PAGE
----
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Obama: Could take more than a year for housing recovery

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ATKINSON, Ill.--President Obama, winding up three day bus trip in Illinois, said it could take more than a year for the housing market to recover, urged Congress again to pass a payroll tax cut and argued that "putting people back to work" is not "inconsistent" with putting the "fiscal house" in order.

Obama made a somewhat nostalgic return to his adopted homestate, where the former Illinois senator started his remarks at Hyffel Hybrids, a corn seed manufacturer with a nod to his fellow Illinoisans: "It is good to be back -- back home!"

He made his comment in response to a question from LuAnn Lavine, the broker/owner of ReMax Hometown Advantage real estate agency in Geneseo, seven miles west of this Henry County town, who told the president the wrangling in Congress over extending the debt ceiling stalled business just as it was on an uptick.

"Since the debt ceiling fiasco in Washington, the phones have stopped. We have no consumer confidence after what has just happened. Interest rates are at a record low. I should be out working 14 hours a day, and I am not," Lavine told Obama, wanting to know about his plans.

A problem with the housing market is that banks are setting bar very high--too high Lavine said--so that it is very difficult for homebuyers to qualify for a mortgage.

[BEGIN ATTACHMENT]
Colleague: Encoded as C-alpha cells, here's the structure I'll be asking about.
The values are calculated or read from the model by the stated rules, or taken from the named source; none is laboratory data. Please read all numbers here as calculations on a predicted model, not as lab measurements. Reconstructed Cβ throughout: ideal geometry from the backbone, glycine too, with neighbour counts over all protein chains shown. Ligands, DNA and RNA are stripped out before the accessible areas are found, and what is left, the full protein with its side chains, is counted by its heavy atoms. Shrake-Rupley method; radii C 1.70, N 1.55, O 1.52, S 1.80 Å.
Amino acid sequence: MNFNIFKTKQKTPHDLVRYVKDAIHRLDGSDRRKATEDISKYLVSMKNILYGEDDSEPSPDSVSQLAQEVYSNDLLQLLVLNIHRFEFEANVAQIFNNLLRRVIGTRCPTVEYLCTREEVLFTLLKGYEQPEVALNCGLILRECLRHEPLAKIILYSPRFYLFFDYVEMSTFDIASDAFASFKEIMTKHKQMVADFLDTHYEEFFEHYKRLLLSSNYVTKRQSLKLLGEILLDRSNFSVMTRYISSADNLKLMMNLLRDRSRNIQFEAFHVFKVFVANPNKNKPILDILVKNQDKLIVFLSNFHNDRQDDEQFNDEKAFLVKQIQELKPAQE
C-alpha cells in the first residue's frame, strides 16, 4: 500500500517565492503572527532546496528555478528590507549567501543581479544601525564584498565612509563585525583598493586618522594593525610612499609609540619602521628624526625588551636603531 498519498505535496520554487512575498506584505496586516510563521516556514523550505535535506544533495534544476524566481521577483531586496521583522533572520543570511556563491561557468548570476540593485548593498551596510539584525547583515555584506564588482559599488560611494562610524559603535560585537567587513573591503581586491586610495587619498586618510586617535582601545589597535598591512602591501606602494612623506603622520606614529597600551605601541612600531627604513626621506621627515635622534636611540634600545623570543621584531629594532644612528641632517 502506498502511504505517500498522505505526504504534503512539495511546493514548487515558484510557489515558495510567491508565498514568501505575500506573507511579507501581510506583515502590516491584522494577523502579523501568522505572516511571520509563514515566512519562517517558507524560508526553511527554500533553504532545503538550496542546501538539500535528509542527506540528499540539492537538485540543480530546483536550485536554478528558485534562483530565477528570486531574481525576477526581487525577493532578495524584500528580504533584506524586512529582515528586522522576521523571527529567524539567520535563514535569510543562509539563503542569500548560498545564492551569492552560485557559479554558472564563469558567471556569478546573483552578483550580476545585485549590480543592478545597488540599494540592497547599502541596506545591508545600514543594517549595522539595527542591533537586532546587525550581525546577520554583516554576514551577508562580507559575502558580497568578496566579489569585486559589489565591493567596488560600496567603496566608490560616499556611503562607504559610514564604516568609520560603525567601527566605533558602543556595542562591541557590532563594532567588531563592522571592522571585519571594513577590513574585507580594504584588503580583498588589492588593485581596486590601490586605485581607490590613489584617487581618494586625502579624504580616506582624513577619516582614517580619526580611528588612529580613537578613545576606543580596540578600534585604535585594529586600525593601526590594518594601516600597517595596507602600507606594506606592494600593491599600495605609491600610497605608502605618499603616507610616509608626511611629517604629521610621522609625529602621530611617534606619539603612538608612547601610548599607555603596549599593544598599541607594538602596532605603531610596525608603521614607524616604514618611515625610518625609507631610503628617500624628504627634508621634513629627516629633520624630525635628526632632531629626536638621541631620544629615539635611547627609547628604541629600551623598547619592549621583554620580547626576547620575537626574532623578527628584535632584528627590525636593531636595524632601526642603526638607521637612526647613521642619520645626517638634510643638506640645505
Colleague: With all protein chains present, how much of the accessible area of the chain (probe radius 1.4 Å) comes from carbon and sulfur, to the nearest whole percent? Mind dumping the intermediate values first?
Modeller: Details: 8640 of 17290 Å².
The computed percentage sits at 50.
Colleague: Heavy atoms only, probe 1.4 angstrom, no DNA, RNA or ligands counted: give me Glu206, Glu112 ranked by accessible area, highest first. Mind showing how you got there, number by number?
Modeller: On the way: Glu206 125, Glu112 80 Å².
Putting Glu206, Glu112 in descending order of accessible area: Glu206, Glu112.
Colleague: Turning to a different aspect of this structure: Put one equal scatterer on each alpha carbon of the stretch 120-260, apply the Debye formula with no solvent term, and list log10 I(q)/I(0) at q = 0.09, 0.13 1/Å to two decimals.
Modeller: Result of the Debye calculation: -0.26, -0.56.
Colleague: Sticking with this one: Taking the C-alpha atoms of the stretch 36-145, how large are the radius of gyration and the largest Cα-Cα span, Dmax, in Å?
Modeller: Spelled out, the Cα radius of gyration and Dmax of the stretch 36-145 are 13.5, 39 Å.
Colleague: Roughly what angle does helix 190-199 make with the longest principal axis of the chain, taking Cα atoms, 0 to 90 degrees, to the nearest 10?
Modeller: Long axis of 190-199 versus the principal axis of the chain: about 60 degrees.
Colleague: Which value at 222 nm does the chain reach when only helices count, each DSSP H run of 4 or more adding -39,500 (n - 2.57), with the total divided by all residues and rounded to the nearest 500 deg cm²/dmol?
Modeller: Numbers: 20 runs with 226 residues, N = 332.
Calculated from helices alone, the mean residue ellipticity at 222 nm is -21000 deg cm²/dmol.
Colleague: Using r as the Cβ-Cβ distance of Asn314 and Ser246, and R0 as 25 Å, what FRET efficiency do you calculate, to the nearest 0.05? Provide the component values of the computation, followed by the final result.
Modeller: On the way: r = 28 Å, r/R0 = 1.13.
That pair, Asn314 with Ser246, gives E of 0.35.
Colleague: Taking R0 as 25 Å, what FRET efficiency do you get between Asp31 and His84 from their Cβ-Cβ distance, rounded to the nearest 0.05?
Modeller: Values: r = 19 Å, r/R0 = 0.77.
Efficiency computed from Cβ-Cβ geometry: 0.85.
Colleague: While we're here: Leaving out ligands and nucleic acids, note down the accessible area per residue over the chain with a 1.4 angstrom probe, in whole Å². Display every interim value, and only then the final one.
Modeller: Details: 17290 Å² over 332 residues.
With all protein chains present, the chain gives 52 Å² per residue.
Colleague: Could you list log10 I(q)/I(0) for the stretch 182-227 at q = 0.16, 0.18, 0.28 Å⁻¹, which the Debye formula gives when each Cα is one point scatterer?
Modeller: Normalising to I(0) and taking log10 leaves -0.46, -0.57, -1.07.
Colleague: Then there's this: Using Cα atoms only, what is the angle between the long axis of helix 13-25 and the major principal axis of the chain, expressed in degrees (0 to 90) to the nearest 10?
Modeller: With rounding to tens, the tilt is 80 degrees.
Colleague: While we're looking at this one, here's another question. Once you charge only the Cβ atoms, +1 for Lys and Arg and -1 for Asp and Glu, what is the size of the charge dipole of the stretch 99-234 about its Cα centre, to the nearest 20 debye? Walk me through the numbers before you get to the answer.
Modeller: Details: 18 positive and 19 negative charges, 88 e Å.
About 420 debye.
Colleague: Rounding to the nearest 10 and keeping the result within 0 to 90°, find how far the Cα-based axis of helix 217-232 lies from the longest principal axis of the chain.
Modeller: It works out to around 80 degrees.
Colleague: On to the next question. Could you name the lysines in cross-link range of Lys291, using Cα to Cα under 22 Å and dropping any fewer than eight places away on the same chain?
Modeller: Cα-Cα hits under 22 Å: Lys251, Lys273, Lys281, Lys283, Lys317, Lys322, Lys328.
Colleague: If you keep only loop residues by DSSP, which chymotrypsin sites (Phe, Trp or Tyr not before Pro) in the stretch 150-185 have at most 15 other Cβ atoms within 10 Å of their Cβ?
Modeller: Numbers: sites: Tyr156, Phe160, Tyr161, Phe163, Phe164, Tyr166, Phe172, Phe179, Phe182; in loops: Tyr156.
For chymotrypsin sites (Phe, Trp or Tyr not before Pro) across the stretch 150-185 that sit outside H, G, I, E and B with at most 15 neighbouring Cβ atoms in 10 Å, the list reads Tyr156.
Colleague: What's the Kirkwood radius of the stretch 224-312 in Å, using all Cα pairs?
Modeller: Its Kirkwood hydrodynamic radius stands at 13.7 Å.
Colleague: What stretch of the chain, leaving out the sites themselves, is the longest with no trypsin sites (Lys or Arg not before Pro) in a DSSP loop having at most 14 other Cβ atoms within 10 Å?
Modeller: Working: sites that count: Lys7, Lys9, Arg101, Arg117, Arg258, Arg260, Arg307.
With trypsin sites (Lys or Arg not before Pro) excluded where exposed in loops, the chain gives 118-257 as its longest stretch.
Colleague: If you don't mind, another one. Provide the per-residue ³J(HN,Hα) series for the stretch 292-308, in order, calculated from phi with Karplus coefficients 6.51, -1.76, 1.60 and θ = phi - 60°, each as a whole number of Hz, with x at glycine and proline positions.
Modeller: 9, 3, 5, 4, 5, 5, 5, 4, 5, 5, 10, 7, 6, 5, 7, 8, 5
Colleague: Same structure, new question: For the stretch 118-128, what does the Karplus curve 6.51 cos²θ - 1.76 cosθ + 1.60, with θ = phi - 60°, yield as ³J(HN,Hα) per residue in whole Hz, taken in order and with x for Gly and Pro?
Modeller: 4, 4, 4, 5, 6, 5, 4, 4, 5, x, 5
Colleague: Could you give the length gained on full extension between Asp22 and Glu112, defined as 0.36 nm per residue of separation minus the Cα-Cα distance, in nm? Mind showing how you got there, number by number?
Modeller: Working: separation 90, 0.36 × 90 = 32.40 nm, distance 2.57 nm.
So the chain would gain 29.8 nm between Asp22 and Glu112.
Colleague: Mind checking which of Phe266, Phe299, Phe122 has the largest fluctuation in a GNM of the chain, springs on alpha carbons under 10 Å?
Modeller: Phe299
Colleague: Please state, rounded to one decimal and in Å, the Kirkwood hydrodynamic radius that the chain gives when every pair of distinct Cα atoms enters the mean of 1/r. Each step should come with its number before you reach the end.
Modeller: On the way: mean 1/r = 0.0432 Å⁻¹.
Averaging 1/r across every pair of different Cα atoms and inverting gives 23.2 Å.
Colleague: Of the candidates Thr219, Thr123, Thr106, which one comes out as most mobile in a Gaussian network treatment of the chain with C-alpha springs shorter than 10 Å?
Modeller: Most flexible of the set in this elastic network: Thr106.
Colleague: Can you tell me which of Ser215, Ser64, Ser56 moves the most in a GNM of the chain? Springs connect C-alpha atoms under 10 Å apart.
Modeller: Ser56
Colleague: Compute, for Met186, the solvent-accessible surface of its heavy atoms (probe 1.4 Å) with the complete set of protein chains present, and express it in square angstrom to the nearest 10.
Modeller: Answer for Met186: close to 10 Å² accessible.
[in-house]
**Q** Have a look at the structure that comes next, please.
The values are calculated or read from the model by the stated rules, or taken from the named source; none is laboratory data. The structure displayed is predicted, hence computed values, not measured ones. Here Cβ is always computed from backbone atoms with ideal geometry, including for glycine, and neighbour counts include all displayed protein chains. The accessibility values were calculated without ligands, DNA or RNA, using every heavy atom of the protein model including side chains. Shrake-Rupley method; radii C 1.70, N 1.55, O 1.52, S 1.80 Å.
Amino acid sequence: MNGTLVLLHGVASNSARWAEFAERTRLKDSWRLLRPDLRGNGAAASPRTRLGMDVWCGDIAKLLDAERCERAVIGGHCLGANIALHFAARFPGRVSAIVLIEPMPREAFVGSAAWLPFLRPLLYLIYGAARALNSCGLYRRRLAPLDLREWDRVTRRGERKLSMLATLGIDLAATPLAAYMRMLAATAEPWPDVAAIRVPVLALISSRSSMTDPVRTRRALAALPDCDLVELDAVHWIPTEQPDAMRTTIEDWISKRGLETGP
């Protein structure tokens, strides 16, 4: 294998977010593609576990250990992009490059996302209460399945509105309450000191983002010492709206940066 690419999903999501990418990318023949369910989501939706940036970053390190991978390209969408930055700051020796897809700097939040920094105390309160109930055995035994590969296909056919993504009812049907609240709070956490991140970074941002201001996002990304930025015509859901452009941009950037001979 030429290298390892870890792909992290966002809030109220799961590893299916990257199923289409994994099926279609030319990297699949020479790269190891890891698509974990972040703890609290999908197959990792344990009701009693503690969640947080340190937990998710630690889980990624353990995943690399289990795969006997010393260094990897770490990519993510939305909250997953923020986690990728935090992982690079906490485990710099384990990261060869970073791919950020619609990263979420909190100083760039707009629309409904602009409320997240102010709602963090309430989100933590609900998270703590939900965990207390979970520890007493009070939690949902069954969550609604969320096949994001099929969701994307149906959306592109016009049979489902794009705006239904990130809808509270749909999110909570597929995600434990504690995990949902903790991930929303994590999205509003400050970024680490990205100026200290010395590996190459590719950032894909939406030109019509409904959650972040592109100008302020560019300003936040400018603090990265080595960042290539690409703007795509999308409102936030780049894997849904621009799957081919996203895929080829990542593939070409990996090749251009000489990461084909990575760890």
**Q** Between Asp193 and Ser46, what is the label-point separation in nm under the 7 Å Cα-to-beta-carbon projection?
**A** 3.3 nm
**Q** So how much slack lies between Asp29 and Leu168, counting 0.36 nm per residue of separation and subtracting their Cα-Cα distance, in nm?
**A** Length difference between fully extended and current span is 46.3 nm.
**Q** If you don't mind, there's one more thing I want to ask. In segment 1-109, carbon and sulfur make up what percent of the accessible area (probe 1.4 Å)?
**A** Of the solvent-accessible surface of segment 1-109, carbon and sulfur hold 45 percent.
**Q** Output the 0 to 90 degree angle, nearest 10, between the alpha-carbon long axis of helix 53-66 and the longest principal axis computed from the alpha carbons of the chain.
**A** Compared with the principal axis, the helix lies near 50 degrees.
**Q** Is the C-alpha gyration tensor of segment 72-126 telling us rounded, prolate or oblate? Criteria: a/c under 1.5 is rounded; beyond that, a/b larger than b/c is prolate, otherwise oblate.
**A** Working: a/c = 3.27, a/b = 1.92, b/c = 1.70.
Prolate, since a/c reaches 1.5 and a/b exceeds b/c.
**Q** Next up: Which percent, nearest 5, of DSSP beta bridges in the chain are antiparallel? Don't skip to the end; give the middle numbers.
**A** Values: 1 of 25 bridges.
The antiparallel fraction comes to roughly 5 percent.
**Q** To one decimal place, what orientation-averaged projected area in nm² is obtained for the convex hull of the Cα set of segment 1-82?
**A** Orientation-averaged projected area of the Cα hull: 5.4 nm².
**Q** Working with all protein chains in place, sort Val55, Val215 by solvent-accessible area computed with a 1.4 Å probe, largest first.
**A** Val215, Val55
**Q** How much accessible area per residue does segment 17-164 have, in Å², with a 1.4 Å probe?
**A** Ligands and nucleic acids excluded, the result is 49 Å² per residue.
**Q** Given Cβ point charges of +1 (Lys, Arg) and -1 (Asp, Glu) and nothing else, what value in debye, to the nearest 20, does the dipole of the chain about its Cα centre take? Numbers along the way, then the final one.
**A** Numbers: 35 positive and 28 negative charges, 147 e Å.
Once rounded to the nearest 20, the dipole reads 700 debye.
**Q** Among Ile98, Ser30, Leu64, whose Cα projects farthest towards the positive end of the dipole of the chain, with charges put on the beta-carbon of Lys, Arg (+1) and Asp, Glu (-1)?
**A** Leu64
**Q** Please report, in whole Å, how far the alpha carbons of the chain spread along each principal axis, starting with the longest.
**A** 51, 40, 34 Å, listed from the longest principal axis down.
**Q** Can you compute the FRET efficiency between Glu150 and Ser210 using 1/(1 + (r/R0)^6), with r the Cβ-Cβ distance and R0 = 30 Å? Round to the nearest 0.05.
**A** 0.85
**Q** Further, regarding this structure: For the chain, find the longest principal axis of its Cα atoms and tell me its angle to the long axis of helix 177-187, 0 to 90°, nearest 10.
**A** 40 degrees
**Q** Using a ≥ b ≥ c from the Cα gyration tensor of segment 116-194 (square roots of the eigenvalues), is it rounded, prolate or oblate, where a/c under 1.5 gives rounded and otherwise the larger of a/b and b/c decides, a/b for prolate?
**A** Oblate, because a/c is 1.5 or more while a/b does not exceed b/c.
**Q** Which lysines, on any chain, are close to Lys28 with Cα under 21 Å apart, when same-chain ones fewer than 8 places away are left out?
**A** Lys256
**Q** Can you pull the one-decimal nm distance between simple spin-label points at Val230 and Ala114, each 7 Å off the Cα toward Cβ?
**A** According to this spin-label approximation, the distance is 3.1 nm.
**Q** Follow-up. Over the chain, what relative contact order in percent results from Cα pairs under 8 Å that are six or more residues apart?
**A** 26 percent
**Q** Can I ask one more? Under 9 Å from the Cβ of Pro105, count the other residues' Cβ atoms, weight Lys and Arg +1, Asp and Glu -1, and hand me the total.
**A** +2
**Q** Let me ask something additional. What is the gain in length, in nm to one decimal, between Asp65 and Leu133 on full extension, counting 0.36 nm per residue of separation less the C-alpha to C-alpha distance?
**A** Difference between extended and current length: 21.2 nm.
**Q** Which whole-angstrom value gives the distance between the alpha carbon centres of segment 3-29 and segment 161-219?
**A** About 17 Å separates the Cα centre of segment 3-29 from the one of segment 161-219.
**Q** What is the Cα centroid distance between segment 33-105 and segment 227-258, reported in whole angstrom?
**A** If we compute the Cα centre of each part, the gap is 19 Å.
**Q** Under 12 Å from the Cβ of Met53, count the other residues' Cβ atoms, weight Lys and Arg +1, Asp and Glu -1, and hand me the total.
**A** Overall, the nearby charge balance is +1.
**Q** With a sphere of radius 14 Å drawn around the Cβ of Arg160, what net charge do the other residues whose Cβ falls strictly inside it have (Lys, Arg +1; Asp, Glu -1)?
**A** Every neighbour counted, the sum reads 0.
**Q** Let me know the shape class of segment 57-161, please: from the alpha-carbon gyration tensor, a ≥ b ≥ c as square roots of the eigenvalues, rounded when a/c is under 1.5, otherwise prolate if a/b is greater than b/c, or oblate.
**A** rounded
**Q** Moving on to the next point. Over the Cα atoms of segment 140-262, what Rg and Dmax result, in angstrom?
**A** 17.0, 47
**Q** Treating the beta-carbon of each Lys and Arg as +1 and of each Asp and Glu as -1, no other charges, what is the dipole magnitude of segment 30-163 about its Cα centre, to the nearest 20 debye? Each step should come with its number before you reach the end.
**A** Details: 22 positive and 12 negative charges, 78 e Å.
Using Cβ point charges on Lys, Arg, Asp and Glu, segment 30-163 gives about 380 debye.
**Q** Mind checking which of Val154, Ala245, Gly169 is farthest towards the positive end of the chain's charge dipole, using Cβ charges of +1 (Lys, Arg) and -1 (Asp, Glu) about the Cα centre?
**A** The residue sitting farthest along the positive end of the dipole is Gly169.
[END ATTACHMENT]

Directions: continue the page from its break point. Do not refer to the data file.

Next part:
"One of the things we've talked about is, can we encourage banks now to take a look at customers who are good credit risks but are being unfairly punished as a consequence of what happened overall," Obama said.

"There are some other ideas that we're looking at on the housing front, but I'll be honest with you. When you've got many trillions of dollars' worth of housing stock out there, the federal government is not going to be able to do this all by itself. It's going to require consumers and banks and the private sector, working alongside government, to make sure that we can actually get housing moving back again.

"And it will probably take this year and next year for us to see a slow appreciation again in the housing market.
What we can do is make sure we don't do any damage. And that's what happened in this last month."

After Atkinson, Obama--and his new $1.1 million bus--hits the hamlet of Alpha, Ill. before heading to Peoria, where he will fly Air Force One to Washington. Obama held town halls Monday and Tuesday in Minnesota and Iowa. Unlike those potential 2012 swing states, Obama is seen as having no re-election problem in Illinois.

Obama, as he has since the congressional melt down over raising the debt ceiling and cutting spending and perhaps adding revenues, made another plea--they have been coming regularly--for Congress to find common ground on job creation programs. A high unemployment rate is one the biggest threats to Obama winning a second term in 2012.

Jobs, Obama said, "traditionally, that hasn't been a Democratic or a Republican issue. That's been an American issue. We've taken pride in rebuilding America. The only thing that's holding us back right now is our politics. We should be passing trade deals right now because, look, the Koreans, they can sell Kias and Hyundais here in the United States. I think that's great. I want to be selling Fords and Chryslers and Chevys into Korea.

"And I want products all across the world stamped with three words: Made in America. That's something that we could be doing right now."

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Lynn Sweet

Lynn Sweet is a columnist and the Washington Bureau Chief for the Chicago Sun-Times.

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This page contains a single entry by Lynn Sweet published on August 17, 2011 3:33 PM.

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